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Home ▸ Catalog ▸ |Themes & Provenance| ▸ |Gods, Olympians| ▸ |Hera or Juno||View Options:  |  |  | 

Hera or Juno

Queen of the Gods, and the goddess of marriage and motherhood. Symbols are the peacock and the cow. Daughter of Kronus and Rhea. Wife and sister of Zeus.

Hadrian, 11 August 117 - 10 July 138 A.D., Amisos, Pontos

|Pontos|, |Hadrian,| |11| |August| |117| |-| |10| |July| |138| |A.D.,| |Amisos,| |Pontos||drachm|
The Romans conquered Amisus in 71 B.C. during the Third Mithridatic War and Amisus became part of Bithynia et Pontus province. Around 46 B.C., during the reign of Julius Caesar, Amisus became the capital of Roman Pontus. From the period of the Second Triumvirate up to Nero, Pontus was ruled by several client kings, as well as a queen, Pythodorida of Pontus, a granddaughter of Mark Antony. From 62 A.D. it was directly ruled by Roman governors, most famously by Trajan's appointee Pliny the Younger. The estimated population of the city around 150 A.D. was between 20,000 and 25,000, a large city for that time. The city functioned as the commercial capital for the province of Pontus; beating its rival Sinope due to its position at the head of the trans-Anatolia highway.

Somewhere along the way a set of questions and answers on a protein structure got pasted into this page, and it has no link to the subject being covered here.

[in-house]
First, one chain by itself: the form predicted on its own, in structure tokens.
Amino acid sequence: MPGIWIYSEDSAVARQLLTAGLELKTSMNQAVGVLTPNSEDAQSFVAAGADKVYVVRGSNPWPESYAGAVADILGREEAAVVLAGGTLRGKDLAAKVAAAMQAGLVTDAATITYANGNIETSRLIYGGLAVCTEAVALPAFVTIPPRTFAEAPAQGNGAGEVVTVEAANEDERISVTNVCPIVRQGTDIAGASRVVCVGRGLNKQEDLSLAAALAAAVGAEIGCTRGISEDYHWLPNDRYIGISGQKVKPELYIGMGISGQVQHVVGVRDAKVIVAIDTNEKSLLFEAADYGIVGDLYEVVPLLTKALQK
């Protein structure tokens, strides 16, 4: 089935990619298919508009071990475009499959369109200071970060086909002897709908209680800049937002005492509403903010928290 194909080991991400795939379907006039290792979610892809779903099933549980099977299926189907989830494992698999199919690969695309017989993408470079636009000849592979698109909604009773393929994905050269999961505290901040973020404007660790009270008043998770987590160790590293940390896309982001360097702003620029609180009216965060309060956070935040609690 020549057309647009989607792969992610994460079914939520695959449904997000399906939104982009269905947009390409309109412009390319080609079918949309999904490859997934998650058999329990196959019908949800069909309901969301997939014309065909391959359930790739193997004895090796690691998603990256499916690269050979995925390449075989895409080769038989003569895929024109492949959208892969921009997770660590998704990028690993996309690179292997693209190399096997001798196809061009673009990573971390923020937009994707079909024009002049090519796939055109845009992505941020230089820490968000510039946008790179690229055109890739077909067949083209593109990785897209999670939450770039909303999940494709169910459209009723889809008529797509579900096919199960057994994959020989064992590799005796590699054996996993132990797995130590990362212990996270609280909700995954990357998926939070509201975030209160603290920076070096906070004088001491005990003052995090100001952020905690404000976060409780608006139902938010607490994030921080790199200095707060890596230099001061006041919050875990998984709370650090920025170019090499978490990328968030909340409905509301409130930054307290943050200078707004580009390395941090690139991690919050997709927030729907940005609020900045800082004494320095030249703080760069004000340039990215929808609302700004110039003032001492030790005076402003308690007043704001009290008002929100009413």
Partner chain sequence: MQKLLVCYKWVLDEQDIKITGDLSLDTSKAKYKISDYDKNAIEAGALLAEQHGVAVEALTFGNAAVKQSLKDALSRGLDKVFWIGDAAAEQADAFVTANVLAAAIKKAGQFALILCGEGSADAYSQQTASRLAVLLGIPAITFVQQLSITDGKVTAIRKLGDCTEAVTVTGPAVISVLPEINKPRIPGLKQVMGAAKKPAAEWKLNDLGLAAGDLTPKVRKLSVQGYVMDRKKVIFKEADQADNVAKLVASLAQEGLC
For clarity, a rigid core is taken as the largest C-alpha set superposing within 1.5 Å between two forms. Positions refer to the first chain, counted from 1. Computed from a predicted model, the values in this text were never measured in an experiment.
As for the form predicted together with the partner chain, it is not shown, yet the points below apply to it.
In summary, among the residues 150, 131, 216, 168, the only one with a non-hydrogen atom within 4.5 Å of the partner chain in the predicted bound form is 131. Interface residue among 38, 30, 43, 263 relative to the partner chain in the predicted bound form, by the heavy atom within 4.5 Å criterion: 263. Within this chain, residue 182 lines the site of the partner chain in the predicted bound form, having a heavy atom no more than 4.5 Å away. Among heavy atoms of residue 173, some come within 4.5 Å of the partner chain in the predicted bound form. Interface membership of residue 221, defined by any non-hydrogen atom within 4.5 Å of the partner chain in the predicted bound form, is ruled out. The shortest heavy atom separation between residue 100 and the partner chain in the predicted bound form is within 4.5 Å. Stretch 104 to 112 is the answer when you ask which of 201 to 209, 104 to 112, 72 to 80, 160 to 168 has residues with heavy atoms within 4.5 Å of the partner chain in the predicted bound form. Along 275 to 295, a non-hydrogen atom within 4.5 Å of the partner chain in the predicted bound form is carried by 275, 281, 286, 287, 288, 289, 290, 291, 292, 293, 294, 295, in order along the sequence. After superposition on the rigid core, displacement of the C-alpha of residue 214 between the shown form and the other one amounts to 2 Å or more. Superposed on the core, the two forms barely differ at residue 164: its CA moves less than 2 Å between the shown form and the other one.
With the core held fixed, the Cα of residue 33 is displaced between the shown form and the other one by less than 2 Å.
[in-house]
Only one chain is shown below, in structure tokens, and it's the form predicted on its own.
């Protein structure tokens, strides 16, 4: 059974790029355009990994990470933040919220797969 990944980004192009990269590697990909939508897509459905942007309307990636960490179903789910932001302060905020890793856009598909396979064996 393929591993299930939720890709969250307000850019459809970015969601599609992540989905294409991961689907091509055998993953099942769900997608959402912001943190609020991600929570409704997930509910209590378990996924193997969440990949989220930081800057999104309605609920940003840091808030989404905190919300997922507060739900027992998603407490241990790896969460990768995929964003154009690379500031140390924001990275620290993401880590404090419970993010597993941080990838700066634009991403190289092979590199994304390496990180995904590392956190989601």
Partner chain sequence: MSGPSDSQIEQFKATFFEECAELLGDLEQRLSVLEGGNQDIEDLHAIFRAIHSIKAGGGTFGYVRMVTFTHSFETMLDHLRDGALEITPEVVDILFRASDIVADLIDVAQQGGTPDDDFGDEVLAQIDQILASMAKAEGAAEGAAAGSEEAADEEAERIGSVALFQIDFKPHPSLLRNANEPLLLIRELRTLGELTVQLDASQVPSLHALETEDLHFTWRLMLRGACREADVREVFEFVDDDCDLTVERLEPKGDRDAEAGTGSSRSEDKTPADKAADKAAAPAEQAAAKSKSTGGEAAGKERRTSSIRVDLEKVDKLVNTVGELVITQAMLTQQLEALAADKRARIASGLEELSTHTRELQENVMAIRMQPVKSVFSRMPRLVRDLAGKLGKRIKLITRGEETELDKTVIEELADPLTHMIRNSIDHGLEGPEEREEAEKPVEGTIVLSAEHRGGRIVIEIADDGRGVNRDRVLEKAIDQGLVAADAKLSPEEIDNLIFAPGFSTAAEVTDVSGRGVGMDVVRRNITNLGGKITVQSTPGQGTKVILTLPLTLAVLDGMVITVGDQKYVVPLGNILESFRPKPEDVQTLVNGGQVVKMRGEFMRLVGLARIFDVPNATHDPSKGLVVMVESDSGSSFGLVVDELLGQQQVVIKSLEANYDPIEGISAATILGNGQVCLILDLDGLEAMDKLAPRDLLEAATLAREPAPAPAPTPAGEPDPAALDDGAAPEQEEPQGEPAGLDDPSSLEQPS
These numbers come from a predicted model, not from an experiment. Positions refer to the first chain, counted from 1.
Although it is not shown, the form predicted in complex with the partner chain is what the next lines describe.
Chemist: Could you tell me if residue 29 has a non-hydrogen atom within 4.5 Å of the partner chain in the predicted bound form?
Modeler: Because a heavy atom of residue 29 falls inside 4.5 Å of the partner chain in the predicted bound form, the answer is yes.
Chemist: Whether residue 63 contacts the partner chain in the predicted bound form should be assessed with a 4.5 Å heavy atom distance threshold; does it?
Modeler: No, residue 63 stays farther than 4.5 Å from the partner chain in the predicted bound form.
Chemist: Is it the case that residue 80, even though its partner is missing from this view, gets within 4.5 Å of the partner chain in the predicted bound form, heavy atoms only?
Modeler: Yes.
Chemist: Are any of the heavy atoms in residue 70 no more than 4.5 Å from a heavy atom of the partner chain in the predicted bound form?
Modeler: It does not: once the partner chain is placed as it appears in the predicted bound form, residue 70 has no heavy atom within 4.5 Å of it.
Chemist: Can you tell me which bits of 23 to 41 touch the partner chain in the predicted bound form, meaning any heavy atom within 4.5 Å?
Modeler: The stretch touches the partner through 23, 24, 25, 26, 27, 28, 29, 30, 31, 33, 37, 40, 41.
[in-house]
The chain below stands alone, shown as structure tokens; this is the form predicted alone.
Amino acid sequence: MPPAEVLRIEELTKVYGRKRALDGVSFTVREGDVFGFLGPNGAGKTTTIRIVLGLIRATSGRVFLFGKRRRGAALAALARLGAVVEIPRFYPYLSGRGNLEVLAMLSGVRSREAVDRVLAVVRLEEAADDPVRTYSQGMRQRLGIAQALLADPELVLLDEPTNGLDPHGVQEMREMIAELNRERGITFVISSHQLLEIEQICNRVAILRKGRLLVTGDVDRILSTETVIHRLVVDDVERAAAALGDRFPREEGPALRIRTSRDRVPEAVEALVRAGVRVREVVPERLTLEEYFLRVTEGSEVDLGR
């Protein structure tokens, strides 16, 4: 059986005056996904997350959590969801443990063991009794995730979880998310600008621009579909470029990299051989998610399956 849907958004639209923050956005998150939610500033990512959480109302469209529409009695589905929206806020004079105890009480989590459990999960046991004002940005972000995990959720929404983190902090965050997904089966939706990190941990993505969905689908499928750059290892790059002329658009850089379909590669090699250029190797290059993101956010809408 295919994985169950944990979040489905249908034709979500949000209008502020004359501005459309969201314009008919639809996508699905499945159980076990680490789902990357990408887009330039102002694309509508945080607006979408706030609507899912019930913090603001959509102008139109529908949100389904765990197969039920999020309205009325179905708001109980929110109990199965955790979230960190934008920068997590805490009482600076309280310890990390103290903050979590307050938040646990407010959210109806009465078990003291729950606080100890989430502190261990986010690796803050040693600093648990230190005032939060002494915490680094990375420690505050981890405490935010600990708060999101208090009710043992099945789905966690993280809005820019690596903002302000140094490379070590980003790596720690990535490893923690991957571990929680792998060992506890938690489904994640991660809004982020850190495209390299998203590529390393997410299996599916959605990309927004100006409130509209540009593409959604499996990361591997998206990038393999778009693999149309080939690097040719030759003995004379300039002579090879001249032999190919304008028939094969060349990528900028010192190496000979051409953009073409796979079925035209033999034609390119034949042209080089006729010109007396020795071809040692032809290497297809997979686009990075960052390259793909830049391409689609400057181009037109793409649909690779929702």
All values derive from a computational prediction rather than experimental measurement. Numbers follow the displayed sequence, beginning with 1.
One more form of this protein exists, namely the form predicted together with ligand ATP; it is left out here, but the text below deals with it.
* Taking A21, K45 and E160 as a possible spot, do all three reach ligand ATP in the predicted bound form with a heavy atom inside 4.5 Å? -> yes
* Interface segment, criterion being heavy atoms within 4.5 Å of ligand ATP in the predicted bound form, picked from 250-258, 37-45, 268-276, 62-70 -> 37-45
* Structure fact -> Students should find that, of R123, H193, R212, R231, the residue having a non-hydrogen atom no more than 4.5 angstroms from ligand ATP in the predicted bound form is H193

RS99248. Silver drachm, RPC III 1279 (5 spec.), Recueil Gnral 91, Nordb Amisus 5b, BMC Pontus -, gF, dark spots, part of obv. legend unstruck, tiny edge cracks, weight 2.699 g, maximum diameter 19.2 mm, die axis 210o, Amisos (Samsun, Turkey) mint, year 167, 135 - 136 A.D.; obverse AYT KAI TPA A∆PI-ANOC CEB Π Π YΠ Γ, laureate head right; reverse AMICOV EΛEVΘEPAC ETOVC PΞZ (Amisos, free city, [year] 167), Hera standing left, wearing diadem, apple in right hand, scepter in left hand; first example of this type handled by Forum, zero sales of this type listed on Coin Archives in the last two decades; very rare; $300.00 SALE PRICE $270.00


Chalkis, Euboia, Greece, c. 338 - 196 B.C.

|Euboia|, |Chalkis,| |Euboia,| |Greece,| |c.| |338| |-| |196| |B.C.||AE| |13|
Ancient Chalkis (also Khalks or Chalcis), in eastern Greece on the strait of Evripos near Athens, is today the capital of Euboea. The ancient city, inhabited by Ionians, was an important commercial and industrial center. In the 8th and 7th centuries B.C., Chalkis established colonies in Macedonia (giving its name to the peninsula of Chalcidice) and in Sicily. It was successively thereafter an Athenian, a Macedonian, and a Roman possession.
GB68816. Bronze AE 13, cf. HGC 4 1487 ff., aF, weight 1.859 g, maximum diameter 12.5 mm, Chalkis mint, c. 338 - 196 B.C.; obverse diademed and draped bust of Hera facing slightly to right, diadem ornamented with discs and dangling fillets; reverse eagle flying right, carrying snake in its talons, XAΛ above, uncertain control symbol right; ex BCD Collection with his handwritten tag noting, "Euboea, Chalcis / G/ni ex Central Greece, Feb 1999, SFr. 35-."; $20.00 SALE PRICE $18.00


Kroton, Bruttium, c. 350 - 340 B.C.